Moffat County sees spike in COVID cases since Friday
Moffat County’s COVID status could move up to “cautious” in the coming weeks after a recent spike in cases, the county’s Public Health office warned Wednesday, and events for the upcoming Oct. 30 homecoming and Halloween are being assessed.
On Oct. 16, officials in the county reported five new positive cases for the previous week. Since then, however, they have confirmed 11 new cases. Of those new cases, seven patients are in their 50s or older, including a man in his 70s. Moffat County has had 61 positive COVID cases and one death since testing began.
Moffat County’s current “Protect Our Neighbor” status, which is the lowest level on Colorado Department of Public Health and Environment’s meter, would move up to level 1 of the “Safer at Home” designation known as “cautious.” Moffat is one of only five counties in the state currently in the “Protect Our Neighbors” category.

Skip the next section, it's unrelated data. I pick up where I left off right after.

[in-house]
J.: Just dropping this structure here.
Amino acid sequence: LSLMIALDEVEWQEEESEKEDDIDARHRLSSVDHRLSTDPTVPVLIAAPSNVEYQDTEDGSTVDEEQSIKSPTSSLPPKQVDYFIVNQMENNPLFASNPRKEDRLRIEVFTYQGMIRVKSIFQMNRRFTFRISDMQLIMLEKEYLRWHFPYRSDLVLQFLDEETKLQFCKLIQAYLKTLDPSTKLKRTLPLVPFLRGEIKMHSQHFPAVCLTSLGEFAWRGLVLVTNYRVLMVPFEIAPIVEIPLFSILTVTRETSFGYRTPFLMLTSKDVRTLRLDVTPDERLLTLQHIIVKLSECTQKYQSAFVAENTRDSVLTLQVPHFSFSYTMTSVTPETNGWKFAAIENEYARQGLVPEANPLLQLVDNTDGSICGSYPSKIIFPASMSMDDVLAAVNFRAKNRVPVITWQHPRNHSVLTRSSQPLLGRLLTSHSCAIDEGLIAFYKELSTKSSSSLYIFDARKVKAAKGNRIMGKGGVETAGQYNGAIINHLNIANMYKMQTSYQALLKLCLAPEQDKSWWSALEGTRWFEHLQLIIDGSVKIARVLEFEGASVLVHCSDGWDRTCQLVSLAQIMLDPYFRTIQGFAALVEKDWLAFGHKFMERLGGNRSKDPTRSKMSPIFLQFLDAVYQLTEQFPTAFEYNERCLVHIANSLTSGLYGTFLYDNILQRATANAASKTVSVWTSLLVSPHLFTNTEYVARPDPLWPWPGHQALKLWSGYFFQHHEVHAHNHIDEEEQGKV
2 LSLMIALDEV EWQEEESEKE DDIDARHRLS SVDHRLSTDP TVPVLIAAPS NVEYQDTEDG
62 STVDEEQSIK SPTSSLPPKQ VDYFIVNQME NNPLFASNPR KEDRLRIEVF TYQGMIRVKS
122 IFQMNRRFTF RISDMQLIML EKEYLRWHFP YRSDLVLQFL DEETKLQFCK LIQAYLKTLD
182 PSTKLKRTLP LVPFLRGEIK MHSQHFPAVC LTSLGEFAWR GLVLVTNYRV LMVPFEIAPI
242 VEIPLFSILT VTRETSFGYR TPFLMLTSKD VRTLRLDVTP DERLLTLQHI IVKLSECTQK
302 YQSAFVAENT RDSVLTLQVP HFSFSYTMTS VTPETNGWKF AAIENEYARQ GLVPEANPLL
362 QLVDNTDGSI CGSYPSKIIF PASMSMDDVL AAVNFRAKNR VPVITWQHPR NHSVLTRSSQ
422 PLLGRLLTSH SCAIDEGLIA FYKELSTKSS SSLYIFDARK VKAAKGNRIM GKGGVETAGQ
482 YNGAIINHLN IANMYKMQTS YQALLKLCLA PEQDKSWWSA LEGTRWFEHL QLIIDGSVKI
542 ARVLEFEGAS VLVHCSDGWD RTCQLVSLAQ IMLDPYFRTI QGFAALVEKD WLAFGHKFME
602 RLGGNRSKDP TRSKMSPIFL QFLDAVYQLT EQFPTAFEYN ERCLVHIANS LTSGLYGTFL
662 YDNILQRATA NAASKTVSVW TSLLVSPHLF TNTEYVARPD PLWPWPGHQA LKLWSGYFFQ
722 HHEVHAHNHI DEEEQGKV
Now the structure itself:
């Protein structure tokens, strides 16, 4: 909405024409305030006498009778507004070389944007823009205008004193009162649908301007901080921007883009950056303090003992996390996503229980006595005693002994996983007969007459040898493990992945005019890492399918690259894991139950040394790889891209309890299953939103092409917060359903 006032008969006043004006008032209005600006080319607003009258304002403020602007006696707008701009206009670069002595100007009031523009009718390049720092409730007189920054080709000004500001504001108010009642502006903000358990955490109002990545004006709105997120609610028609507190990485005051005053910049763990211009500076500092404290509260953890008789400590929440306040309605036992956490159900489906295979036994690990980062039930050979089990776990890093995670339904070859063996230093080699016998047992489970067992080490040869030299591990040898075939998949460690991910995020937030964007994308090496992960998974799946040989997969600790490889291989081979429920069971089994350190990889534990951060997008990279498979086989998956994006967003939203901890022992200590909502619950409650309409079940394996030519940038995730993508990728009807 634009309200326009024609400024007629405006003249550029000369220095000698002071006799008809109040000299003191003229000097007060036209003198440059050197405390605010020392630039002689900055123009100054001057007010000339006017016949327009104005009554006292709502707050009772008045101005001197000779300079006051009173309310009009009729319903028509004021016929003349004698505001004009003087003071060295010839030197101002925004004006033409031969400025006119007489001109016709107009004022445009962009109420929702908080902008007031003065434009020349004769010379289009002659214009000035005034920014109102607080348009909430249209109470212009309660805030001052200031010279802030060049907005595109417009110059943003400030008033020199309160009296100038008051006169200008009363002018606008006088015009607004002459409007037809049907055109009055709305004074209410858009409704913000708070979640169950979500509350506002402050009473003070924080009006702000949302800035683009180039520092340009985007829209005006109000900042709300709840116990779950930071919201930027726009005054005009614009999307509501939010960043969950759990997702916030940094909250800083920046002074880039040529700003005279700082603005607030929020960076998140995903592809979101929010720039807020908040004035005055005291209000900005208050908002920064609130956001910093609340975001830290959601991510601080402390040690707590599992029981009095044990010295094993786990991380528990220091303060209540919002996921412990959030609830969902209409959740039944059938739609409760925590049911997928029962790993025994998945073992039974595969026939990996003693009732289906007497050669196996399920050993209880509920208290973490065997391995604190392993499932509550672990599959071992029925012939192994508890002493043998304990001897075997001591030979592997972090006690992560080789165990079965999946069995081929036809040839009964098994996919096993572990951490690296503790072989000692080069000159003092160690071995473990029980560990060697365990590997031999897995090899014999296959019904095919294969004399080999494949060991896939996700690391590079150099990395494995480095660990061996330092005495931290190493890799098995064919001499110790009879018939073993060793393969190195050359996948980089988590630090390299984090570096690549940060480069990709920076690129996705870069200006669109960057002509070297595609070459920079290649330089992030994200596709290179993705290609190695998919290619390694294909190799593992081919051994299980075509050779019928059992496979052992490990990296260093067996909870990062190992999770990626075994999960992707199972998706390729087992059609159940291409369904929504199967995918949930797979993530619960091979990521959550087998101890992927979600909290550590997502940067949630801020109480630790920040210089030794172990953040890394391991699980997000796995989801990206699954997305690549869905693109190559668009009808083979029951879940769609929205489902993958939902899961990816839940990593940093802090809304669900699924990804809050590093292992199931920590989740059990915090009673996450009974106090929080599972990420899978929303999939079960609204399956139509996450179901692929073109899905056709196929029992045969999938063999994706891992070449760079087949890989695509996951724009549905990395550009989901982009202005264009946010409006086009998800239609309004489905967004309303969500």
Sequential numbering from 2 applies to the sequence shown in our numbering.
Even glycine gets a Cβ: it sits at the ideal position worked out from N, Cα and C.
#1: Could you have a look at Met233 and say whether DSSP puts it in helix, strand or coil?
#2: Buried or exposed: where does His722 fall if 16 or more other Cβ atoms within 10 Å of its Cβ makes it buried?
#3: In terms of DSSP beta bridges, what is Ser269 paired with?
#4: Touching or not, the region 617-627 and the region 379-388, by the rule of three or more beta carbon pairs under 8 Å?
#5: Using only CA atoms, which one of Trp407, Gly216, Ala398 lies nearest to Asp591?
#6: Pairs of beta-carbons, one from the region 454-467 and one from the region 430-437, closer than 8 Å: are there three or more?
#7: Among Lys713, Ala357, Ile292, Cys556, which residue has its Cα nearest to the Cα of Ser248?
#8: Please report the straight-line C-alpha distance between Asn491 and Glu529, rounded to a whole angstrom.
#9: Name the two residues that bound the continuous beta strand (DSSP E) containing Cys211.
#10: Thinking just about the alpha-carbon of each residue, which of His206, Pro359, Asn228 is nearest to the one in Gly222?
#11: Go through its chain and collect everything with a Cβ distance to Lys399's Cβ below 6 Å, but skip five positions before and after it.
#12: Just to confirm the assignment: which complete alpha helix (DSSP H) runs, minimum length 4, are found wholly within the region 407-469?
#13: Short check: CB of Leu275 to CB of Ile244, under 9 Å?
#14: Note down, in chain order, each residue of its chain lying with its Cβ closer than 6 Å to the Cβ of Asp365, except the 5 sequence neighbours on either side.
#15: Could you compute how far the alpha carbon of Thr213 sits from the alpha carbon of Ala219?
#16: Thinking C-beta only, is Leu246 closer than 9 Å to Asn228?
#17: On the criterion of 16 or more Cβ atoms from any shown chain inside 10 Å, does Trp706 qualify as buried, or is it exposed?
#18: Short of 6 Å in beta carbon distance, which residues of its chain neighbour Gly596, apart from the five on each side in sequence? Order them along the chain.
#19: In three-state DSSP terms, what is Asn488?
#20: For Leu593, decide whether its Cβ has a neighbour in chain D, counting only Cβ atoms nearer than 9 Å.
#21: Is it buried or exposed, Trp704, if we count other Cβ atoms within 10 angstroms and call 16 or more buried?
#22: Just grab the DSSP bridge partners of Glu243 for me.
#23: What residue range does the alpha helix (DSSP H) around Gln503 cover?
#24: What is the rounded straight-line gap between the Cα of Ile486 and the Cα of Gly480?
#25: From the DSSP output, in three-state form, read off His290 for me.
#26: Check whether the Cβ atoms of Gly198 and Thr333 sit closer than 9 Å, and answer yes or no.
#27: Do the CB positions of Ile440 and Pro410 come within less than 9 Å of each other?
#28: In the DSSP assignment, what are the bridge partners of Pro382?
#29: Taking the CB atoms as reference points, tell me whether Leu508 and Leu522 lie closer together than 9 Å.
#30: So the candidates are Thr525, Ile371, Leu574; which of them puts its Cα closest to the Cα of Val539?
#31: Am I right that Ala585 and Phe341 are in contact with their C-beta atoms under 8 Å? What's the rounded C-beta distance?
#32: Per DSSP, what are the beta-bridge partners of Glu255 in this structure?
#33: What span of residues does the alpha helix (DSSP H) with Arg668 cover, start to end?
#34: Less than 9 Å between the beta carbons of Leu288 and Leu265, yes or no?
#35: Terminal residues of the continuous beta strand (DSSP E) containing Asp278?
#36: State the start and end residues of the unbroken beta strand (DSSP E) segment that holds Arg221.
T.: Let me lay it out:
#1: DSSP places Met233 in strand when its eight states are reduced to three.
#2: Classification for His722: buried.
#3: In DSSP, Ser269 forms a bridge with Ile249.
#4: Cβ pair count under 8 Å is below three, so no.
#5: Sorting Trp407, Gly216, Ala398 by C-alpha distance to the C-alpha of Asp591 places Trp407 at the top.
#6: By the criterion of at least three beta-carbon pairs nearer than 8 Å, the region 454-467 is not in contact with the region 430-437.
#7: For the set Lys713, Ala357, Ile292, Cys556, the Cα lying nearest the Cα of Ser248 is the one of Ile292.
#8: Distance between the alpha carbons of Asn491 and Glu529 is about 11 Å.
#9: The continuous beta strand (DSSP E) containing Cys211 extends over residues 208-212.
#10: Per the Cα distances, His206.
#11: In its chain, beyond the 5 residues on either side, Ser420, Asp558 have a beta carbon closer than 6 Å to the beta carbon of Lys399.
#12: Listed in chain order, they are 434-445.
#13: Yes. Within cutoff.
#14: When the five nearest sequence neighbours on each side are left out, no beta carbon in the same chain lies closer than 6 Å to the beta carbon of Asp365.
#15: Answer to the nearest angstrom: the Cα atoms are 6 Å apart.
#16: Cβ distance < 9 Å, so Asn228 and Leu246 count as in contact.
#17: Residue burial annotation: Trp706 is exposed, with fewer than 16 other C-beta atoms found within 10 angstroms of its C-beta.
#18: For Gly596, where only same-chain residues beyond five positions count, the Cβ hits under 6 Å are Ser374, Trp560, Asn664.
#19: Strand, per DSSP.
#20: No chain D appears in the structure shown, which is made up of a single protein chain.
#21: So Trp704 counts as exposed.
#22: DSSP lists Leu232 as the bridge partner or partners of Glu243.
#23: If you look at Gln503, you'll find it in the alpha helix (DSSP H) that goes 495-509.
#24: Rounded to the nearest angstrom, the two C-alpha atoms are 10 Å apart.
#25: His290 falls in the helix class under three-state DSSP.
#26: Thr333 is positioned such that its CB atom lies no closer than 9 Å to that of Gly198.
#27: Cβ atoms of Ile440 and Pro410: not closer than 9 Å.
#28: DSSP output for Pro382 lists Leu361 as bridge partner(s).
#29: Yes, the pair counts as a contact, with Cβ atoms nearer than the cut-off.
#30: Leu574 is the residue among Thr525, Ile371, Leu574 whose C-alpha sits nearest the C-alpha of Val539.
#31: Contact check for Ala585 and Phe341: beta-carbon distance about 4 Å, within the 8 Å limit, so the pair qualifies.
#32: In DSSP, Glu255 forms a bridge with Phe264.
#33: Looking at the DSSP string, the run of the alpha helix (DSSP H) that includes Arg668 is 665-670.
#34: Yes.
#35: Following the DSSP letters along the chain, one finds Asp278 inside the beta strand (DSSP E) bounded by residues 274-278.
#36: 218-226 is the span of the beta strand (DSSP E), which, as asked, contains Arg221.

According to the state’s three main metrics, Moffat County now is in the “concerned” level for the two-week cumulative incidents but remains in the lowest levels for the two-week positivity rate at 2.7% and in the area of no more than two new hospitalizations reported per day in the past two weeks.
“If the county is to maintain ‘Protect Our Neighbor’ status, the county must regain control of the spread of COVID‐19 within three weeks. The number of weekly positive cases must drop below seven per 14-day period within the next three weeks,” according to a news release Wednesday from Moffat County’s Public Health Office. “If Moffat County’s positivity rate does not decline, CDPHE could require mitigation plan implementation next week.”
If the county can stay in the lowest status, Moffat County will qualify for an additional 10% capacity opening on Nov. 15 bringing re‐opening capacity to 60%, officials said Wednesday. There are currently 13 active cases in the county.
The county said Wednesday that as part of the mitigation planning and in consultation with the Board of Health, “Public Health has contacted the Downtown Business Association and Victory Motors to discuss the planned Halloween activities. Public Health is also working with the Moffat County School District on the planned Homecoming activities.”
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Andy Daniels, CEO of Memorial Regional Health, submitted his resignation from the hospital last week, according to a hospital spokesperson.